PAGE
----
Developing, managing, and sharing knowledge on natural resources, conflict, and peacebuilding
Library / Climate Change and its Security Implications
Source: Springer, 2016
Author(s): Tracey Skillington
Countries: Afghanistan, Pakistan, Somalia, Sudan
Topics: Climate Change, Conflict Causes, Renewable Resources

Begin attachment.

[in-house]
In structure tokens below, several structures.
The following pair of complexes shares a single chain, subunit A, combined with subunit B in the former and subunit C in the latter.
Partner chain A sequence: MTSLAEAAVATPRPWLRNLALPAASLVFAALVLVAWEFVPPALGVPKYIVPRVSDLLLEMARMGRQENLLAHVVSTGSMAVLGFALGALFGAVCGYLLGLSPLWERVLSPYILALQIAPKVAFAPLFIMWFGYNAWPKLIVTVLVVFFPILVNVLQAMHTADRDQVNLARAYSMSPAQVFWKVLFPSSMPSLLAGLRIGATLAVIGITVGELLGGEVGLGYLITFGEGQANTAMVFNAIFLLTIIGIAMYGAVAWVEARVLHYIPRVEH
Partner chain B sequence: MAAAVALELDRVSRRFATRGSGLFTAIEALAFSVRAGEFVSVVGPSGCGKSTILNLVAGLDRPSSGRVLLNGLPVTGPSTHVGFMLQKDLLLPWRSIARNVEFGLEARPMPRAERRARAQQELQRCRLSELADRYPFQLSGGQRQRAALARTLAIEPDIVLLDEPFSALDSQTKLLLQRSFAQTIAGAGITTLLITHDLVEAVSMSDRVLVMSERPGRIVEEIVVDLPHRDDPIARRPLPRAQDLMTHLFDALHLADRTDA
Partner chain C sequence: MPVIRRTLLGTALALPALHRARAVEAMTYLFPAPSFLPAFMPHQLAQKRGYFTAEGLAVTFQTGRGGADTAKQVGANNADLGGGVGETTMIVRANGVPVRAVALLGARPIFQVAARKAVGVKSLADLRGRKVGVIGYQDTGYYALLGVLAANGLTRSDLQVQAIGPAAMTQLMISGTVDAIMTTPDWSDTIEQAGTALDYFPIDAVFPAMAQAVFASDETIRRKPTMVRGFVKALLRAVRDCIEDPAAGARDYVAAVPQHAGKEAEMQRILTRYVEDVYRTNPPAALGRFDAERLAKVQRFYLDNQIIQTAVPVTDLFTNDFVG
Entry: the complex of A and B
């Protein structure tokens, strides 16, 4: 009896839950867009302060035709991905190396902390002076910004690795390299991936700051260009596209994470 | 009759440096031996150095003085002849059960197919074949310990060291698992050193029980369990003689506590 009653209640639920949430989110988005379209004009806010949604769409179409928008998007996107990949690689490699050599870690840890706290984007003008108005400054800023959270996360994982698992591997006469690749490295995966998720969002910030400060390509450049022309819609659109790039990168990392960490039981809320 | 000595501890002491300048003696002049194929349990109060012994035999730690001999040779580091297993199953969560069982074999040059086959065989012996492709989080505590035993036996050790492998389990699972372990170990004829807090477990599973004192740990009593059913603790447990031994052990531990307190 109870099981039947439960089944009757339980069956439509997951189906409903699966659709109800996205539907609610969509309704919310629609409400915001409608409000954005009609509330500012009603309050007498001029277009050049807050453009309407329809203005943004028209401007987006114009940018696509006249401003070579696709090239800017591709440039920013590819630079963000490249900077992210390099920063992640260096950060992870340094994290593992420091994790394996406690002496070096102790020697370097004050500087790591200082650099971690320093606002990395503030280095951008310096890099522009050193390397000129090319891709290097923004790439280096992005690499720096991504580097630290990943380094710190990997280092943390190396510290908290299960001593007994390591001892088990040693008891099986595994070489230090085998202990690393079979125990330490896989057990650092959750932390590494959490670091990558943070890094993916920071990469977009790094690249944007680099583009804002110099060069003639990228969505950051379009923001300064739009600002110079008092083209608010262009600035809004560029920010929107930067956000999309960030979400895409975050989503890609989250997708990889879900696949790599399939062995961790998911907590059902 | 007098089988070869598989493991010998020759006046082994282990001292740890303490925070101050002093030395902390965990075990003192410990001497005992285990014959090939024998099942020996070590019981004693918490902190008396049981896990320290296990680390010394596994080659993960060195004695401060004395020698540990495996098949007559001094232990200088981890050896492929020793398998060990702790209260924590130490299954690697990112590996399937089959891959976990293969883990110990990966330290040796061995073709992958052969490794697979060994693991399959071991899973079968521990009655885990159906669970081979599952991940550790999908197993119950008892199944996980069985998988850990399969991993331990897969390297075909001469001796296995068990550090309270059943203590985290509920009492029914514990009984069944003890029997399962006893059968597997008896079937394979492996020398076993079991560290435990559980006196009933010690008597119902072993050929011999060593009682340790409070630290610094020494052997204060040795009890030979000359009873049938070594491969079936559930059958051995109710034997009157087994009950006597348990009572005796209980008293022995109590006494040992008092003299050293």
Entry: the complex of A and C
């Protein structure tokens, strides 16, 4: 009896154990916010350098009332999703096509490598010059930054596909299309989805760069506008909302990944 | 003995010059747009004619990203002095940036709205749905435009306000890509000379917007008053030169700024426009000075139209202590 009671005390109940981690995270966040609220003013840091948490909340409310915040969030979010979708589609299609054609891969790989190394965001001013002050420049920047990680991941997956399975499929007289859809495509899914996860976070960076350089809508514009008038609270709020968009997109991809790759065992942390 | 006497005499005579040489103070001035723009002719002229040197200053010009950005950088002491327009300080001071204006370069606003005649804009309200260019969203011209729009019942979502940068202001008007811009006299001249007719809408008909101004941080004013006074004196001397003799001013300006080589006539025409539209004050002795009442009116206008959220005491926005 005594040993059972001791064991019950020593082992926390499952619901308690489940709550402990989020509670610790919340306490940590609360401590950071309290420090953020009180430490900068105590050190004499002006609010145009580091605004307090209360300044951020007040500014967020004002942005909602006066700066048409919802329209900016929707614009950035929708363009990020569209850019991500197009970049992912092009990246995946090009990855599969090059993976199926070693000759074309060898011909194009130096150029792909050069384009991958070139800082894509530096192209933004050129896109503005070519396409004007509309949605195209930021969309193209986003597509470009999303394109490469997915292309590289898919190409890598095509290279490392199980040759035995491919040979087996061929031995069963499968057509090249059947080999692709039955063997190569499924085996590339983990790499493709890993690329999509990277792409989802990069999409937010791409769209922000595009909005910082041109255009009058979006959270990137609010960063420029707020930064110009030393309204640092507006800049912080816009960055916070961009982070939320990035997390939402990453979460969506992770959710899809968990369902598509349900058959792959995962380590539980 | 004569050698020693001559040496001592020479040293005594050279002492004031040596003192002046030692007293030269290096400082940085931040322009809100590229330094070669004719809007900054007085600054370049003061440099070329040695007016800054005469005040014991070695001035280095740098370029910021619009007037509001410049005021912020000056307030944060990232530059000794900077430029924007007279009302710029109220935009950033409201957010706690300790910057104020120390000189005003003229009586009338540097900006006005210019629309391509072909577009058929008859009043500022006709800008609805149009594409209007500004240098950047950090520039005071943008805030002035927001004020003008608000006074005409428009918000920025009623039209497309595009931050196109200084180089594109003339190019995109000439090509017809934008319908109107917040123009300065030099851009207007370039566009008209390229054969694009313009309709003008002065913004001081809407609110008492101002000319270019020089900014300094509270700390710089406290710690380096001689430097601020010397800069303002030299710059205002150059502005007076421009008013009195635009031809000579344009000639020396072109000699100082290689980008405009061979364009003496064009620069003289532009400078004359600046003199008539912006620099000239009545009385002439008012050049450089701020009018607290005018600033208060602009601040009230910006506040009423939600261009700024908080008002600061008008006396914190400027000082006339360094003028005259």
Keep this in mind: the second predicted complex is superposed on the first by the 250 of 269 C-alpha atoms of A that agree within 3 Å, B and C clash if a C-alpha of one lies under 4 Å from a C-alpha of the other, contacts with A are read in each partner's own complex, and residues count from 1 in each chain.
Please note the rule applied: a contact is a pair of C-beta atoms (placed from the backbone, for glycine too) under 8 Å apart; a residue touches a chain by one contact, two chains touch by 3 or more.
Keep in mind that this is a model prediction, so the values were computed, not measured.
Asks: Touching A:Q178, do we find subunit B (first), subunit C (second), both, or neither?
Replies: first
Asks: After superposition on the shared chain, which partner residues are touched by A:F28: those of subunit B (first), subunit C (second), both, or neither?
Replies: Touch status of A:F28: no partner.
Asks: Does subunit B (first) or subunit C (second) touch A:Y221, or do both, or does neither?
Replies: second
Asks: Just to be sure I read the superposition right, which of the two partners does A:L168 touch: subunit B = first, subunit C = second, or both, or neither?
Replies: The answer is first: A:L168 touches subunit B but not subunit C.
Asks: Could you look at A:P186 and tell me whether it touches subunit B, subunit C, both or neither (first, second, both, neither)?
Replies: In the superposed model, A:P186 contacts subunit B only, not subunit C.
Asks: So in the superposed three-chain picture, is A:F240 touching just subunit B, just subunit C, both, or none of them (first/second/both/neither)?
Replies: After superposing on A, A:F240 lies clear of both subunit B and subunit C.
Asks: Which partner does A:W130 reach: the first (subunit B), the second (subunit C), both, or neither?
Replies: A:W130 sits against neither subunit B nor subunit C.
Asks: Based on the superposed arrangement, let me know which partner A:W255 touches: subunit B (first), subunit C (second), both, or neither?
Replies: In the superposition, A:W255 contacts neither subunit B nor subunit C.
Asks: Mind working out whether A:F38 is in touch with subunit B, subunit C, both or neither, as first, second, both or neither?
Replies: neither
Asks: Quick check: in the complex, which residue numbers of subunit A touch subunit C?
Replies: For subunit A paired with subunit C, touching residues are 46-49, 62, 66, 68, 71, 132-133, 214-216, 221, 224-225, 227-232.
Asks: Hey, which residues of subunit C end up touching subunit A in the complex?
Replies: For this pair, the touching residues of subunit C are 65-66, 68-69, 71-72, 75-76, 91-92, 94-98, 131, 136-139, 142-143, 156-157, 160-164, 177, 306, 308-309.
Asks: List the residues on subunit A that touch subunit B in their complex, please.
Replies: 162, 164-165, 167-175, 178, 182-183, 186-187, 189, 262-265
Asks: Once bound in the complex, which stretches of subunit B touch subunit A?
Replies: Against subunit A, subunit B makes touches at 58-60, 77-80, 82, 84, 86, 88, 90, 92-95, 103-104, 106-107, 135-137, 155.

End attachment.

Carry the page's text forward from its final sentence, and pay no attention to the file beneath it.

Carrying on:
A total of 1.2 billion people worldwide reside in states likely to experience some form of ‘climate-induced political instability’ in the decades ahead (International Alert 2007: 3, 2009: 8, 2015: 1). New patterns of extreme weather conditions such as intense heat waves, prolonged drought, or storm surges are not only destructive in ecological terms. They also adversely affect social relations among those forced to compete for depleting reserves of fresh water and food. In areas as diverse as the southern Sindh Province in Pakistan, the northern Balkh region of Afghanistan, or the southern regions of Somalia, tensions are fuelled by the sharp decline in levels of rainfall, increased risk of seasonal drought, and the unequal distribution of water rights. The risk of conflict in these areas over scarce resource supplies and their mismanagement is never too far away (see The Robert S. Strauss Center, Social Conflict in Africa Database (SCAD) 2011). Yet as research conducted by the United Nations Environment Programme (UNEP) (2009) reveals, less than a quarter of peace negotiations aiming to resolve conflicts linked to natural resources to date have addressed resource management mechanisms.1 Desertification is proving to be another major initiator of hostility. In Africa’s Sahel region, desertification is steadily reducing the availability of cultivatable land, leading to more frequent clashes between herders and farmers (see International Alert 2009: 8). In Darfur, deserts have spread southwards by an average of 100 kilometres over the last four decades. Together with a decline in patterns of rainfall, as well as the loss of nearly 12 % of forest cover, these developments have contributed to a notable deterioration in communal relations (see Sudan Post-Conflict Environmental Assessment 2007). As Achim Steiner, Executive Director of the UN Environment Programme’s investigation of the causes of conflict in Sudan (2007) points out, uncontrolled depletion of natural resources such as water, soil, and forests, allied with other climate change impacts, is not just a tragedy for a few, less fortunately positioned states but ‘a window’ to a wider world beginning to feel the destabilizing effects of growing natural resource scarcity. Similarly, the EU (2009) predicts that scenes of increasing political instability and ‘radicalization’ will spread to other regions as ‘tensions over natural resources and energy supplies’ continue to grow internationally. These occurrences are said to have implications for all in the form of mass migratory movements, a greater incidence of regional conflicts, terrorist activity, and other forms of violence in the decades ahead (see also the US Department of Defense in its 2014 Quadrennial Defense Review of US State Defense Strategies and Priorities, p. 8).